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  • Writer's pictureClara Richards

Choosing to innovate on your research agenda

[Editor’s note: This post is the eighth of a series produced by Andrea Ordóñez and Leandro Echt  from Politics & Ideas to share what we learned through the online course Doing policy relevant research, ran for the first time in the first quarter of 2016.]

In our course on policy relevant research, you learn about methods that you may not be familiar with, and you are encouraged to think about policy problems differently. This may inspire you to innovate, but before you do, lets discuss how and when to innovate. James march has developed the notion of exploration and exploration in innovation. This means that an innovative organization balances two approaches: exploiting the products and processes that it already has in place, while also exploring new ones. Some have called the capacity to do both “organizational ambidexterity.” This is a very useful concept for think tanks.


Let’s consider a very famous case that you can also watch in the movie Steve Jobs. One of the parts of Apple’s history in which the movie is based is on the launch of the Macintosh 128K, a very user friendly computer compared to the previous models, but also with very little space for customization. Until then the company had been relying on Apple II as the main source of revenue. Throughout the movie you observe the competing views about what should be the focus of the company. Should it put all its energy on a new product? Should it maximize the benefit of the existing products? Both of course are relevant. The existing product can maintain the company and allow for innovation. New products, give the company the edge for the future.

Can you relate these dilemmas to your organization? Maybe your organization has been producing an annual report on the economy or the budget that has gained relevance within the policy community. Maybe you have an index that you produce on the quality of services, or other tool that is constantly being updated, without significant changes in the methods. These would be strategies to exploit your current capacities. But there might be new ideas emerging in the organization that you could consider but that do not have full funding, or that are not your area of expertise, especially if they are increasing relevance and visibility in the policymakers’ agenda. Let’s imagine your think tank has focused until now on macroeconomic issues. But now one of your researchers is suggesting on taking some more grounded approach and investigating how small companies cope with crisis, as a way of finding solutions to an economic crisis. This might require our team to have different skills, and interests. Maybe it could be something to explore on a small scale first, while maintain your “star” reports still produced.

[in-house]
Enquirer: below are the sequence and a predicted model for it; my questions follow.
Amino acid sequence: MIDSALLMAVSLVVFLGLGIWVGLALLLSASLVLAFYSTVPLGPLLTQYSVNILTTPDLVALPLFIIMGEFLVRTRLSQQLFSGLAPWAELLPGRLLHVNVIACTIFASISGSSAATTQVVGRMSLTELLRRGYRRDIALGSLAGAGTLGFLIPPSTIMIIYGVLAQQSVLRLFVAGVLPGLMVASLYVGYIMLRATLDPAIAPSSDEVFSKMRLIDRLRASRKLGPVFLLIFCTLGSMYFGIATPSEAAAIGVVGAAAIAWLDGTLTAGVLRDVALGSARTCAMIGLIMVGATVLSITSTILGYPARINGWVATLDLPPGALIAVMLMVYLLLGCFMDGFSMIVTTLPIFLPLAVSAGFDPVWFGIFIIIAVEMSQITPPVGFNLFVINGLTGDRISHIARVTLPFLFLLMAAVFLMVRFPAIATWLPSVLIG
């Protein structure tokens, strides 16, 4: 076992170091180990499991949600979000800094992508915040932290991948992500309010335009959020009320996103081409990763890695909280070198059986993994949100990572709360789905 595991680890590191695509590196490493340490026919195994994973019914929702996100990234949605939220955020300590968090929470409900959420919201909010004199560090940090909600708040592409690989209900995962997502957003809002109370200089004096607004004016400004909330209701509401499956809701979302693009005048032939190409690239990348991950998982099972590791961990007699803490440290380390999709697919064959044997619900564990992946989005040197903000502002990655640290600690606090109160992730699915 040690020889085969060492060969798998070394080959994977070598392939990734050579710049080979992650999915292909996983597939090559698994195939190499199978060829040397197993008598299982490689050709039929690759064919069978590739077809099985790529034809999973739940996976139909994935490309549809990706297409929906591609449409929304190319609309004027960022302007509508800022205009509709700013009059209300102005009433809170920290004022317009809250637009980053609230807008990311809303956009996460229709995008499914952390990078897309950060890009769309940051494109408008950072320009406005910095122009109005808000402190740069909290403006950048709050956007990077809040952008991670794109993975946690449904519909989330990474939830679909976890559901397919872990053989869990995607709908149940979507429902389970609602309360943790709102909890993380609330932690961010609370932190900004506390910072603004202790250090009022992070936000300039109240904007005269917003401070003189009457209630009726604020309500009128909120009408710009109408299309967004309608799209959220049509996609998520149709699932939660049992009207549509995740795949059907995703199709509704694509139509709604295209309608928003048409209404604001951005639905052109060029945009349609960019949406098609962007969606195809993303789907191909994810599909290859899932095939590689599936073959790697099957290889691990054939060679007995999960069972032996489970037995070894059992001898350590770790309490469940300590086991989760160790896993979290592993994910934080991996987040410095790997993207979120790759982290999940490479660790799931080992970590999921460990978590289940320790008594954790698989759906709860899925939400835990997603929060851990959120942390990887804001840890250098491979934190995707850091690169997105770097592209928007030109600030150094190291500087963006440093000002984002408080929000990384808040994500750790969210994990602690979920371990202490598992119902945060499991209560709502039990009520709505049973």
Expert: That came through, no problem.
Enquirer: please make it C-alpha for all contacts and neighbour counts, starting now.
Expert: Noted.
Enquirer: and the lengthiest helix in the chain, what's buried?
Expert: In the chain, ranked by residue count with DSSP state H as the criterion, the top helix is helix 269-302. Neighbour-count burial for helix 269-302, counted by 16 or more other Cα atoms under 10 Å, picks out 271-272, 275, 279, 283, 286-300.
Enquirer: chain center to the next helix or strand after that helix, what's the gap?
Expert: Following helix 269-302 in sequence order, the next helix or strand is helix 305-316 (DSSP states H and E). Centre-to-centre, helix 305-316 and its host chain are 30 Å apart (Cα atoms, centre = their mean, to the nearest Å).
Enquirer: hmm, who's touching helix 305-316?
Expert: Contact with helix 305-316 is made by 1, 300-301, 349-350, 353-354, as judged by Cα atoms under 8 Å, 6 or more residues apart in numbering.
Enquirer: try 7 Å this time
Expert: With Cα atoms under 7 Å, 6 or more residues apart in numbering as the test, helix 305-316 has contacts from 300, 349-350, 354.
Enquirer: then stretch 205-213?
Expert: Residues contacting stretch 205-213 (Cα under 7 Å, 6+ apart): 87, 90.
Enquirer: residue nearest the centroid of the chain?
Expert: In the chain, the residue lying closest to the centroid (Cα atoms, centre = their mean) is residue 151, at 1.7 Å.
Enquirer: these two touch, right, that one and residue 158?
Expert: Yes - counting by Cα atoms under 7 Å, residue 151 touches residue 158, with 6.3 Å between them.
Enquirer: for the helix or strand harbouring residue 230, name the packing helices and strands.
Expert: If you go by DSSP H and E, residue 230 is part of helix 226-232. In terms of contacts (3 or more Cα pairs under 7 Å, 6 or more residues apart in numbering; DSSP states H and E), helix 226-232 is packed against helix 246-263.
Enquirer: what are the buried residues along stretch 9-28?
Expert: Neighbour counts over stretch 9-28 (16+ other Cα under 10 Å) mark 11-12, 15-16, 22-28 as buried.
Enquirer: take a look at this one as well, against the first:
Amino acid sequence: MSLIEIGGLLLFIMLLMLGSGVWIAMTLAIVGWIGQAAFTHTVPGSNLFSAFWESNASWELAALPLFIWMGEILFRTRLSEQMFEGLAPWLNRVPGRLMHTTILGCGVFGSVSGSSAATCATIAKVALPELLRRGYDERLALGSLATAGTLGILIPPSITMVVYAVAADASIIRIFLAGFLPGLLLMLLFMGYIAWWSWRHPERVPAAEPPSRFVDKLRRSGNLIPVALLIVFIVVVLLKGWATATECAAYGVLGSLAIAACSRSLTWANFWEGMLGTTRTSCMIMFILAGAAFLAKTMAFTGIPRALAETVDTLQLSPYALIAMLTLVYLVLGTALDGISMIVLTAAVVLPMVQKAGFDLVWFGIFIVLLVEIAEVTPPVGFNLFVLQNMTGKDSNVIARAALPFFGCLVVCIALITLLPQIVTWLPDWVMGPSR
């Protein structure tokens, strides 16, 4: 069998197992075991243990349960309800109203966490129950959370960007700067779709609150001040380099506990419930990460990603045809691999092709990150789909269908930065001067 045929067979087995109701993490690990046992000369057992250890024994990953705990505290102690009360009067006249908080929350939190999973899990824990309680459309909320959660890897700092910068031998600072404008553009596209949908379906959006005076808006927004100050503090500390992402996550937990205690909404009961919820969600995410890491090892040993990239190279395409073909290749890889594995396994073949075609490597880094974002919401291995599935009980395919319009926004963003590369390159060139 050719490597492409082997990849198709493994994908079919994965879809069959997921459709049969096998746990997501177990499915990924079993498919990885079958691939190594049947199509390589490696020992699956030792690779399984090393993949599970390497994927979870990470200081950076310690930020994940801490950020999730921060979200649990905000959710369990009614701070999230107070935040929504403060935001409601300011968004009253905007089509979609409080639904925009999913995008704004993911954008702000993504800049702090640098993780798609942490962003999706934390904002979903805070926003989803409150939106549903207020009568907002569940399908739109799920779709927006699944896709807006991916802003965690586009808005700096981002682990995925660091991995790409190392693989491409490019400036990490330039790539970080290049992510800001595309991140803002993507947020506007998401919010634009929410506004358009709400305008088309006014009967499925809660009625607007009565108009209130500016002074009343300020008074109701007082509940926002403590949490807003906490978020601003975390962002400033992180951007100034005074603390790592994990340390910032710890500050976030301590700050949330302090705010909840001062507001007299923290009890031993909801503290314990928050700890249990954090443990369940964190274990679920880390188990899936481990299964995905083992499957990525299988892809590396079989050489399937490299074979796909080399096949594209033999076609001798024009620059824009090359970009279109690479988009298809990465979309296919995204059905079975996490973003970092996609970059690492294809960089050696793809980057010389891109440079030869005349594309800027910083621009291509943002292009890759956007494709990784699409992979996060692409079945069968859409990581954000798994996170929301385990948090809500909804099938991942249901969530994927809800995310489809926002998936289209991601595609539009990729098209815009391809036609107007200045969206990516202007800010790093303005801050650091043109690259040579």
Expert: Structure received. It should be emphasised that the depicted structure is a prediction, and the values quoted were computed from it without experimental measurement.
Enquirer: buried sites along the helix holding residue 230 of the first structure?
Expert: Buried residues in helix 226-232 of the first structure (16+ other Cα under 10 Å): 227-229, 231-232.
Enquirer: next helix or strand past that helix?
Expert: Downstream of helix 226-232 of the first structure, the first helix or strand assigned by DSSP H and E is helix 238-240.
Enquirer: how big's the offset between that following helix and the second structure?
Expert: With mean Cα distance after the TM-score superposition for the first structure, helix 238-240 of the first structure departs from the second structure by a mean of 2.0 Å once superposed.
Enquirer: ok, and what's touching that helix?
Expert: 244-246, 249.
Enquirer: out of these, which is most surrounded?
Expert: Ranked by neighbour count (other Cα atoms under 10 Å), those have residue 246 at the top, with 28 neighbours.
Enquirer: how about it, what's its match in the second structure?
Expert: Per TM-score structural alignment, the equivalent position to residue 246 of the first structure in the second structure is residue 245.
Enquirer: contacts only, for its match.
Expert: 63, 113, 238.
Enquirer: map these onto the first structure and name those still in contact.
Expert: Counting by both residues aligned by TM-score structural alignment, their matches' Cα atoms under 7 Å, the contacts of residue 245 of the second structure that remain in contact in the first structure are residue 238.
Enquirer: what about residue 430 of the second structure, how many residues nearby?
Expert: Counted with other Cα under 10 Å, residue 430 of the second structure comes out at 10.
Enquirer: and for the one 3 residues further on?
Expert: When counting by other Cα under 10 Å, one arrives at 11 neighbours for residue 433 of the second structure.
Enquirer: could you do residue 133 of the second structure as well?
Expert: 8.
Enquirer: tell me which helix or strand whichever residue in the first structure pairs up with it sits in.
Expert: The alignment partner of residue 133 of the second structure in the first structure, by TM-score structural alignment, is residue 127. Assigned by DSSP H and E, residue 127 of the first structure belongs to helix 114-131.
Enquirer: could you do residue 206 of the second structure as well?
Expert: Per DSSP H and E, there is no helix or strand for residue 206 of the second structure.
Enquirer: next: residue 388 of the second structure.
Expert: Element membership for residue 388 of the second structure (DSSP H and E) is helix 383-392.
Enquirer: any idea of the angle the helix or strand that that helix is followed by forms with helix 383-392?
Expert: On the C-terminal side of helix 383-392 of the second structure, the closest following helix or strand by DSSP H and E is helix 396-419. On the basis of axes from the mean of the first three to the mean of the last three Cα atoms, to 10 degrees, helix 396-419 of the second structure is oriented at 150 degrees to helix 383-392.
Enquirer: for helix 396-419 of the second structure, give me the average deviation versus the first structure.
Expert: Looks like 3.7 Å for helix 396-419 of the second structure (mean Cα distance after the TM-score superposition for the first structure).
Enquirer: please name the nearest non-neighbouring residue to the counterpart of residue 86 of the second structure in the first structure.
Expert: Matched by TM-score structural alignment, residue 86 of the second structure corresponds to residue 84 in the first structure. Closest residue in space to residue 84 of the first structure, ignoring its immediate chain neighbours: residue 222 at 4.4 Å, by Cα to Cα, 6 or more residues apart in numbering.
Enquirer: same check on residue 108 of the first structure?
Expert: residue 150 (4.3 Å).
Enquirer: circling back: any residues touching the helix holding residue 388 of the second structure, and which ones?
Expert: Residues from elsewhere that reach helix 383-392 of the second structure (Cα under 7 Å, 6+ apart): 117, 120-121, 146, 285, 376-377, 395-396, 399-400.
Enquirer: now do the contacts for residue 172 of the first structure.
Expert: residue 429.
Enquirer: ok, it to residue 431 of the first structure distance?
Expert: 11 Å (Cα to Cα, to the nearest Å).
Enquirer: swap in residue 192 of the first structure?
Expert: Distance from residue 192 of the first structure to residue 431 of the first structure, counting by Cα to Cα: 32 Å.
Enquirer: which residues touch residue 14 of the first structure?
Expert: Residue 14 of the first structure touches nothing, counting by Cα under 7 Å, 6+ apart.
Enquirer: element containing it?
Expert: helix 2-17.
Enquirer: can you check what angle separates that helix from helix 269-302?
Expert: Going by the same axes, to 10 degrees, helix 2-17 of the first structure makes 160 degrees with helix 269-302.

Finding ways to become an ambidextrous organization is critical for a think tank that wants to maintain its policy relevance: it ensures that you sustain a certain type of expected contribution to policy discussion and decision making while also helping society to foresee emerging challenges. Doing the same type of research all the time will lead to lower impact than when it was first launched. As a result, a think tank can learn how to manage innovation wisely.

Becoming an ambidextrous organization means counting with researchers with both types of skills. But these might not be always easy because it can create an internal culture of competition or dissatisfaction between teams. Usually, those exploiting the existing resources are the ones who are bringing in the revenue or recognition. They could feel that they are sustaining the organization. On the other hand, the teams innovating can feel that they are the ones designing the future and are therefore more important. It will be critical for you as a manager to handle these possible disputes wisely.

Innovation has become a new buzz-word among many types of organizations, including think tanks. But before you jump into it, keep these considerations in mind.

[Editor’s note: Read other post of this series:

1. Crafting policy relevant research

2. What are principles of policy relevant research?

3. Individual and institutional research agendas: how are they different?

4. Why do we need to analyze our context to design a research agenda?

5. Drafting and validating your research agenda

6. Understanding policy problems and their implications in your research decisions

7. Methodological choices to inform policy

9. The power of reflection when building your research agenda]

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